"To be persuasive we must be believable; to be believable we must be credible;
to be credible we must be truthful." - Edward R Murrow

Trashy Tabloid Analysis: Star Sources

Star Magazine is the "trashy tabloid" that was first analyzed. Life & Style and in Touch Weekly were purchased at the same time (by a very brave man named Dennis Rose) in order to assist in the Trashy Tabloid Analysis that was previously explained.

It is very hard to get through a single tabloid from cover to cover due to the amount of analysis that needs to be done. There are many things than can be focused on, but from pages 1-39 (out of the 84 pages) the biggest thing noticed within this specific tabloid (this may be true of the others, but the analysis is going to be of each single tabloid and then at the end there can be comparisons)is that there are no sources to the stories.

The pages that have been analyzed thoroughly and read are pages 1-39, so this analysis is only for Star Magazine December 27, 2010 issue pages 1-39 with a focus on credibility of sources.

The magazine claims to have so many "Exclusive Interviews," but the only interview that falls under that category is the interview with Kristen StephensonPino. She tells the magazine all about how Johnny Depp is into her and all sorts of things. Of course, the only other sources credited within that article (titled "Johnny Hits On Teen Model") are anonymous sources. Unfortunately, the magazine mentions that she is a "full natural C-cup" before informing readers that Kristen is 19-years-old. So, the fact that she is a full natural C-cup is clearly more important than how old this "teen model" is. Maybe pages 39-84 will be more impressive.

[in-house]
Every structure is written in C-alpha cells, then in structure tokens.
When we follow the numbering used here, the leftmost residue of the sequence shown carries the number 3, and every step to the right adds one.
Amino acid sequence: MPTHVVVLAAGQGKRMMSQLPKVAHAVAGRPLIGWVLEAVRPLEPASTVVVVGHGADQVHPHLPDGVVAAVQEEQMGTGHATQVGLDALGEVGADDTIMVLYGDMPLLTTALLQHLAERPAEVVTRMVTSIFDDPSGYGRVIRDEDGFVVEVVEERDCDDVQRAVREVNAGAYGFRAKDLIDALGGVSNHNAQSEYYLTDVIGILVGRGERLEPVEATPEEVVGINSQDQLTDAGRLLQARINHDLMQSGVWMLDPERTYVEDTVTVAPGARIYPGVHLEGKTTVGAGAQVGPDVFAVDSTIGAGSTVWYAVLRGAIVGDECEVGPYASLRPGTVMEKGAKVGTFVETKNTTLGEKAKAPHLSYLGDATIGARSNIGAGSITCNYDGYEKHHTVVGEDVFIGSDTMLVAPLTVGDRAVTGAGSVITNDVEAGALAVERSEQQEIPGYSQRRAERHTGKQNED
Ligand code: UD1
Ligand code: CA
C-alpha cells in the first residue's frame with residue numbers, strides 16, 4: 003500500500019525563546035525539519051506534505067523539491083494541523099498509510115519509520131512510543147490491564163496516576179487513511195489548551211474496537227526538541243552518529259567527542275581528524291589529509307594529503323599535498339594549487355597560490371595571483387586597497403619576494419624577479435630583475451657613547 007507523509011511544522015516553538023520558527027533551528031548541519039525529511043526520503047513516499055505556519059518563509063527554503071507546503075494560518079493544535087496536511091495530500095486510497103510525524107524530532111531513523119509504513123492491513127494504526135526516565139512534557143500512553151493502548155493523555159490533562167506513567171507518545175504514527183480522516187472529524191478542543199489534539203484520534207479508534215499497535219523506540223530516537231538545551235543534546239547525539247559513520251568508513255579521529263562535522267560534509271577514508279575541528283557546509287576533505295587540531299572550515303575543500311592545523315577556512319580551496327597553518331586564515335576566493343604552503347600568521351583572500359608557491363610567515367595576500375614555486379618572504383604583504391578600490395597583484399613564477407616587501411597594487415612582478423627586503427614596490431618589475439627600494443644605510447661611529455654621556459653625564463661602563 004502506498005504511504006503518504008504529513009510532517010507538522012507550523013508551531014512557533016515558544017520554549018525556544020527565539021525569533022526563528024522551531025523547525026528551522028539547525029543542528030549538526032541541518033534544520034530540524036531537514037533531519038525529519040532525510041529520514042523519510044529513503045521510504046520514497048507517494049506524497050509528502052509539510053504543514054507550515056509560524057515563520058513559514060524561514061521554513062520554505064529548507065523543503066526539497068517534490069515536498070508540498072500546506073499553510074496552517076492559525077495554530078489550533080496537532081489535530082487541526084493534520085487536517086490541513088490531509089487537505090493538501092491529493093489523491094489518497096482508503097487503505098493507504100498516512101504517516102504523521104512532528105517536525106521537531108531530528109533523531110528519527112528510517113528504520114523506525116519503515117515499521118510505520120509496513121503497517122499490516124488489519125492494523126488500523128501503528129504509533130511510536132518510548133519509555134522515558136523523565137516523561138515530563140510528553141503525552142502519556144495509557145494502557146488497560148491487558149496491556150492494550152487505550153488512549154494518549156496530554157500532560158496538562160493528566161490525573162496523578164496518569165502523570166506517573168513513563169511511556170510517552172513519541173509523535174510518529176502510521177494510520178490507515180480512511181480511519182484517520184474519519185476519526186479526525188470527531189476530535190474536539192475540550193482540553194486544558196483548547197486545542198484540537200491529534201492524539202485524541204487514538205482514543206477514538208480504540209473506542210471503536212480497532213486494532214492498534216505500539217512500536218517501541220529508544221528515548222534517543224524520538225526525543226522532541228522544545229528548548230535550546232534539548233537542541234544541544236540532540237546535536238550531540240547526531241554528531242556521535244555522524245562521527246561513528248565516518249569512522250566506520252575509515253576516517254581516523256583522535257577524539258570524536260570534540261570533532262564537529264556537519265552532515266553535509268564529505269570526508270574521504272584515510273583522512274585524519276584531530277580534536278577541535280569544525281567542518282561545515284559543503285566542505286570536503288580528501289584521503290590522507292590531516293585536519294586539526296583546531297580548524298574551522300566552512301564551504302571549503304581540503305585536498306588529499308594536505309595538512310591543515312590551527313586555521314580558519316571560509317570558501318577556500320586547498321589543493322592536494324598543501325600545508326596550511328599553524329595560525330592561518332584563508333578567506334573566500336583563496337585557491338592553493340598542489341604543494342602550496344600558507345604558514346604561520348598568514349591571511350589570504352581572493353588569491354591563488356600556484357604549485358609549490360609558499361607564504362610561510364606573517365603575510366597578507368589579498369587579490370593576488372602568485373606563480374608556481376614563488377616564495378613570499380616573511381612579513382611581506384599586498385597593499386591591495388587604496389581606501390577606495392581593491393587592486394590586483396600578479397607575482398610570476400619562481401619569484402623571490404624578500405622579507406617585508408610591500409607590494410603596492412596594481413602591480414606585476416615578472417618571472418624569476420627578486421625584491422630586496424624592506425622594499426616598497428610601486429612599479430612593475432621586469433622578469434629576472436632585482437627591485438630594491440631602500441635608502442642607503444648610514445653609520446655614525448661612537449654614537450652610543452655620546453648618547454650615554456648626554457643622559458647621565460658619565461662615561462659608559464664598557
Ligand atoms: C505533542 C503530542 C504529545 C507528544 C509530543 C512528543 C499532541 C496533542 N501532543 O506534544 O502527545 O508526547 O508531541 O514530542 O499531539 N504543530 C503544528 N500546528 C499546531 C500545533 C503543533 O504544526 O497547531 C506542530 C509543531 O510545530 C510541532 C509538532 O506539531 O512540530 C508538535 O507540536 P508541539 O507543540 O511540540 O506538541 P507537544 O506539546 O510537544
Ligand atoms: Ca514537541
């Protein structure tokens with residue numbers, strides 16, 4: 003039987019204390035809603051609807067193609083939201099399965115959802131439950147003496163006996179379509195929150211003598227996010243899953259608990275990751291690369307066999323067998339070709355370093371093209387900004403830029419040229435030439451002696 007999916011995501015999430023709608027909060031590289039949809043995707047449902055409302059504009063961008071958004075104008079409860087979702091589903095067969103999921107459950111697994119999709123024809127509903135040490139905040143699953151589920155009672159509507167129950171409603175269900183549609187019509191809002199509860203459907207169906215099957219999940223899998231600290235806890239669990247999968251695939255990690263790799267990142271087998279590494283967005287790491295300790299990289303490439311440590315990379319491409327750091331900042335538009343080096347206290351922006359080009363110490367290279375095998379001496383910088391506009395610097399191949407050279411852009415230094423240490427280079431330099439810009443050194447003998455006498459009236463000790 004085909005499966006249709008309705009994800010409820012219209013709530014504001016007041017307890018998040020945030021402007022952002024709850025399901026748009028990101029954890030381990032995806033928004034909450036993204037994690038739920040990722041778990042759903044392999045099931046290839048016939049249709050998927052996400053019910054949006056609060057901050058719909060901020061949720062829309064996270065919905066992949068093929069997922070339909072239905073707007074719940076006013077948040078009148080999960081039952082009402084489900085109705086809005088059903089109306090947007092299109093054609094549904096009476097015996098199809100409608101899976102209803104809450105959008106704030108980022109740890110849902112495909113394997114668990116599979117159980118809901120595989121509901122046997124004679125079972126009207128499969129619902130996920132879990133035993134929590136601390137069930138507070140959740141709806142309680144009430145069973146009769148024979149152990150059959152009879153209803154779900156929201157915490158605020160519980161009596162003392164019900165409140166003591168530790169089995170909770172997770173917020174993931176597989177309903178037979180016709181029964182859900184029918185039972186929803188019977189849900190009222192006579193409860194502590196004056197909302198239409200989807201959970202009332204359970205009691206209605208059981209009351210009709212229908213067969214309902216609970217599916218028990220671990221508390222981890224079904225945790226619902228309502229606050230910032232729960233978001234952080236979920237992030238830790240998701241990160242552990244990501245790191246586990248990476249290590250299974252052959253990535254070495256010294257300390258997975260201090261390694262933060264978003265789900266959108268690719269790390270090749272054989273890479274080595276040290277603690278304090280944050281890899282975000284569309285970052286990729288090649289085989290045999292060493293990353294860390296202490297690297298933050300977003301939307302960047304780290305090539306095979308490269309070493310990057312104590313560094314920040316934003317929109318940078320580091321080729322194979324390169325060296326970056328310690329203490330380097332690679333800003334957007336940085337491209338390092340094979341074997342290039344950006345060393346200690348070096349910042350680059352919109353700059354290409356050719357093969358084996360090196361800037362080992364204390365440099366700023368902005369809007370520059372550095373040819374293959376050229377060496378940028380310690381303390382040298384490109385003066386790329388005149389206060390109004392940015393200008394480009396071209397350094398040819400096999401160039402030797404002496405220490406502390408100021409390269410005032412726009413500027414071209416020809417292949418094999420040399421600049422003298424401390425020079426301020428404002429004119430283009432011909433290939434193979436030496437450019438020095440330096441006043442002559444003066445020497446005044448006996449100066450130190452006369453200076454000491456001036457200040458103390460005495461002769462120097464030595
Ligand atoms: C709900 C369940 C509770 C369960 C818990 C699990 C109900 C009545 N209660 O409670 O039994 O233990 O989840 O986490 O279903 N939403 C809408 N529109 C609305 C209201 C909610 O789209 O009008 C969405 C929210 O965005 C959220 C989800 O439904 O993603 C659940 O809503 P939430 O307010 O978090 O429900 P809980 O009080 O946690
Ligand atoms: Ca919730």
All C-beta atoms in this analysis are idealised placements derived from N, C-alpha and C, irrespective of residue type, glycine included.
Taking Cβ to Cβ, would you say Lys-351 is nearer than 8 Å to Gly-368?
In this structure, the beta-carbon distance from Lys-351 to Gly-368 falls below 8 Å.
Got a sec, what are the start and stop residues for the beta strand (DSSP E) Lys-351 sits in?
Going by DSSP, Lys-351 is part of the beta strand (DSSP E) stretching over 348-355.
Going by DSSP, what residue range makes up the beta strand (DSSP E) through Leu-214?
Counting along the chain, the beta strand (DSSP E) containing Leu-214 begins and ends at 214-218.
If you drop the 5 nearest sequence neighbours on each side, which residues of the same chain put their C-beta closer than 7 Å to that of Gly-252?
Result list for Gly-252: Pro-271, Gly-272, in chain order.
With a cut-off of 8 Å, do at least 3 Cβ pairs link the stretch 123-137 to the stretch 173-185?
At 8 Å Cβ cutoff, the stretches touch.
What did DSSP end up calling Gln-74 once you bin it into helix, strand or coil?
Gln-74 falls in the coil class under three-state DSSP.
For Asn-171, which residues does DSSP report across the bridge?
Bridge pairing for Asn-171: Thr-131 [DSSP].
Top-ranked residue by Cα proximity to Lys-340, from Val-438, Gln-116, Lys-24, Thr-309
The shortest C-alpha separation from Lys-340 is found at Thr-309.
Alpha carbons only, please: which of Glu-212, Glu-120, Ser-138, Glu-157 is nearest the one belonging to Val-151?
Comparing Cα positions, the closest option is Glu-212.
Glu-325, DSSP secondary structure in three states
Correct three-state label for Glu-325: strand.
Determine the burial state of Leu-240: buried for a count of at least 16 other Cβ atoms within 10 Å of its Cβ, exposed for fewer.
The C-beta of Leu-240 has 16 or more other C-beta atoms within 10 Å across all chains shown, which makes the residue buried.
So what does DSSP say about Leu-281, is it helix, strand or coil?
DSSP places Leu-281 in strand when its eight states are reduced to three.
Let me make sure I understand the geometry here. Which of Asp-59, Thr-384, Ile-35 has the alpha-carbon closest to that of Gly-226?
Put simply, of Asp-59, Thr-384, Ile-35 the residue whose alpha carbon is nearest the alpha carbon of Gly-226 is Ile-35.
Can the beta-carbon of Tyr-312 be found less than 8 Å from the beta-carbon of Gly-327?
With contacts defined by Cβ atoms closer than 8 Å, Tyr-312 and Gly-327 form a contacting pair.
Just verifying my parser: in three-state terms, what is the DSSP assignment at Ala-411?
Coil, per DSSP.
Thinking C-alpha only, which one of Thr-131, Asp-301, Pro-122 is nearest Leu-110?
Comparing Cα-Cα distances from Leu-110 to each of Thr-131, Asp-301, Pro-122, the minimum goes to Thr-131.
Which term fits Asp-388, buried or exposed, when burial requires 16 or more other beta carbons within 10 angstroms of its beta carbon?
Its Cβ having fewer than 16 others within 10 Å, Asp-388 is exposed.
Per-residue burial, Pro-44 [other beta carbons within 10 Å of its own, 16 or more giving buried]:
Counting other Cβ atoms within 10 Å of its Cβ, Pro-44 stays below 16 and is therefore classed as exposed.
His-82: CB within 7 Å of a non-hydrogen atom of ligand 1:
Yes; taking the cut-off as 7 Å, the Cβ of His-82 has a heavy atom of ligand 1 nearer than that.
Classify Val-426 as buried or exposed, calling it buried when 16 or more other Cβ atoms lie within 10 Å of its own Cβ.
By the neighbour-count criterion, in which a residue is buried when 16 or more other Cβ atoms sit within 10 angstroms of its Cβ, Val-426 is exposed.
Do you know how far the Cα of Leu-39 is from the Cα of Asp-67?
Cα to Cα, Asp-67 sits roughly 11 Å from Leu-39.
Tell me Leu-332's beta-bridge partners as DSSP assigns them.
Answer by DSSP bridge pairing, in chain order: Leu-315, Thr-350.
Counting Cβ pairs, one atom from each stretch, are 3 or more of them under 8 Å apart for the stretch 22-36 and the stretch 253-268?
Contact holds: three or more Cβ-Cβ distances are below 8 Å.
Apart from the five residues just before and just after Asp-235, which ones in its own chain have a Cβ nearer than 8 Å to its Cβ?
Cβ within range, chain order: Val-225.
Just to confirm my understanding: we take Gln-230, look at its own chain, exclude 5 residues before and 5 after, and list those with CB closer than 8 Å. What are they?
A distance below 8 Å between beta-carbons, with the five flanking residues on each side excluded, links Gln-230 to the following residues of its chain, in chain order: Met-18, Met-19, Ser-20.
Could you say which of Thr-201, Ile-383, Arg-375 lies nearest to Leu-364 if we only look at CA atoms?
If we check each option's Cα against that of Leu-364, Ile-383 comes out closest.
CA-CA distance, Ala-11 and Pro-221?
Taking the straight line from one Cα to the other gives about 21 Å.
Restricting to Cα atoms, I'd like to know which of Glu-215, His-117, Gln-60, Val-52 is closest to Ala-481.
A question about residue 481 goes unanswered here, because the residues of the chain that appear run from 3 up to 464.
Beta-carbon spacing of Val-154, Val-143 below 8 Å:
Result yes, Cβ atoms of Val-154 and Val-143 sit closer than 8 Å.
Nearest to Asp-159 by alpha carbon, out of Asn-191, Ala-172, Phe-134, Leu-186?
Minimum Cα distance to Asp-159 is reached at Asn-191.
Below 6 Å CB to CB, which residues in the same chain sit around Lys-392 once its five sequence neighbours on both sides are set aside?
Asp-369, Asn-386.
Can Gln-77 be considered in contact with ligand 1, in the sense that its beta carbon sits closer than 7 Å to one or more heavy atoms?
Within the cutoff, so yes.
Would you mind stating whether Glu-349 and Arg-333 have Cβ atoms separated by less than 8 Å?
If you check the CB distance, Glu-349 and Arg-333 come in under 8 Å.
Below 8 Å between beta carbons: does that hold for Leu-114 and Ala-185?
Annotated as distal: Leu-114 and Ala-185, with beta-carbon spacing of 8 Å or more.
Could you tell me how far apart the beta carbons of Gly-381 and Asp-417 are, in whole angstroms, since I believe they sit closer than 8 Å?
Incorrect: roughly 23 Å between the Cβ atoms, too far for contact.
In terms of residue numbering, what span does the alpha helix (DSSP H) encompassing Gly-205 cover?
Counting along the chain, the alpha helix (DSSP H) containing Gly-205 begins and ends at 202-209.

The other articles all had quotes from "insiders" or "pals." How about going out and finding someone who will go on record so that the article can be credible. That's not journalism - that's laziness. Why should anyone trust what is being said by someone who won't even reveal the name publicly. For all we know the "inside source" is some random person on the street that the "reporter" found.

Then there's the cover story about Ashton Kutcher being involved in a "MURDER SCANDAL."
All right - his ex-girlfriend from many years ago had been murdered, and he will apparently be making statements in court regarding what he knew about her and the alleged killer. Also, the magazine calls the alleged killer a "cold-blooded serial killer" without ever saying "allegedly" or anything that could save face.

The entire article has not even a single interview with Ashton Kutcher. So, it's an article about Ashton Kutcher "being involved in a murder scandal," but the only interviews are a Detective and a "friend."

At least attempt to get an interview from someone credible and then put "*CREDIBLE PERSON* was unable to be reached for comment" or "*CREDIBLE PERSON* refused to comment." Something that shows that the reporter isn't just a lazy person who sits around listening to gossip and interviewing random people on the street. Seriously, I feel bad that Dennis had to pay money for this publication. I am glad that the analysis will be thorough, but honestly. This isn't journalism.

The quote from the friend is: "Ashton's worried sick about taking the witness stand."
That is according to "a friend."
Really? Why don't you go ask Ashton himself.
Why doesn't the friend have a name?

This drove me crazy throughout the entire analysis process - which is why I stopped on page 39. I haven't even gotten to the big Tom Cruise - Katie Holmes cover story yet. Fingers are crossed that there is an actual interview done with Tom or Katie and included within the article. Seriously.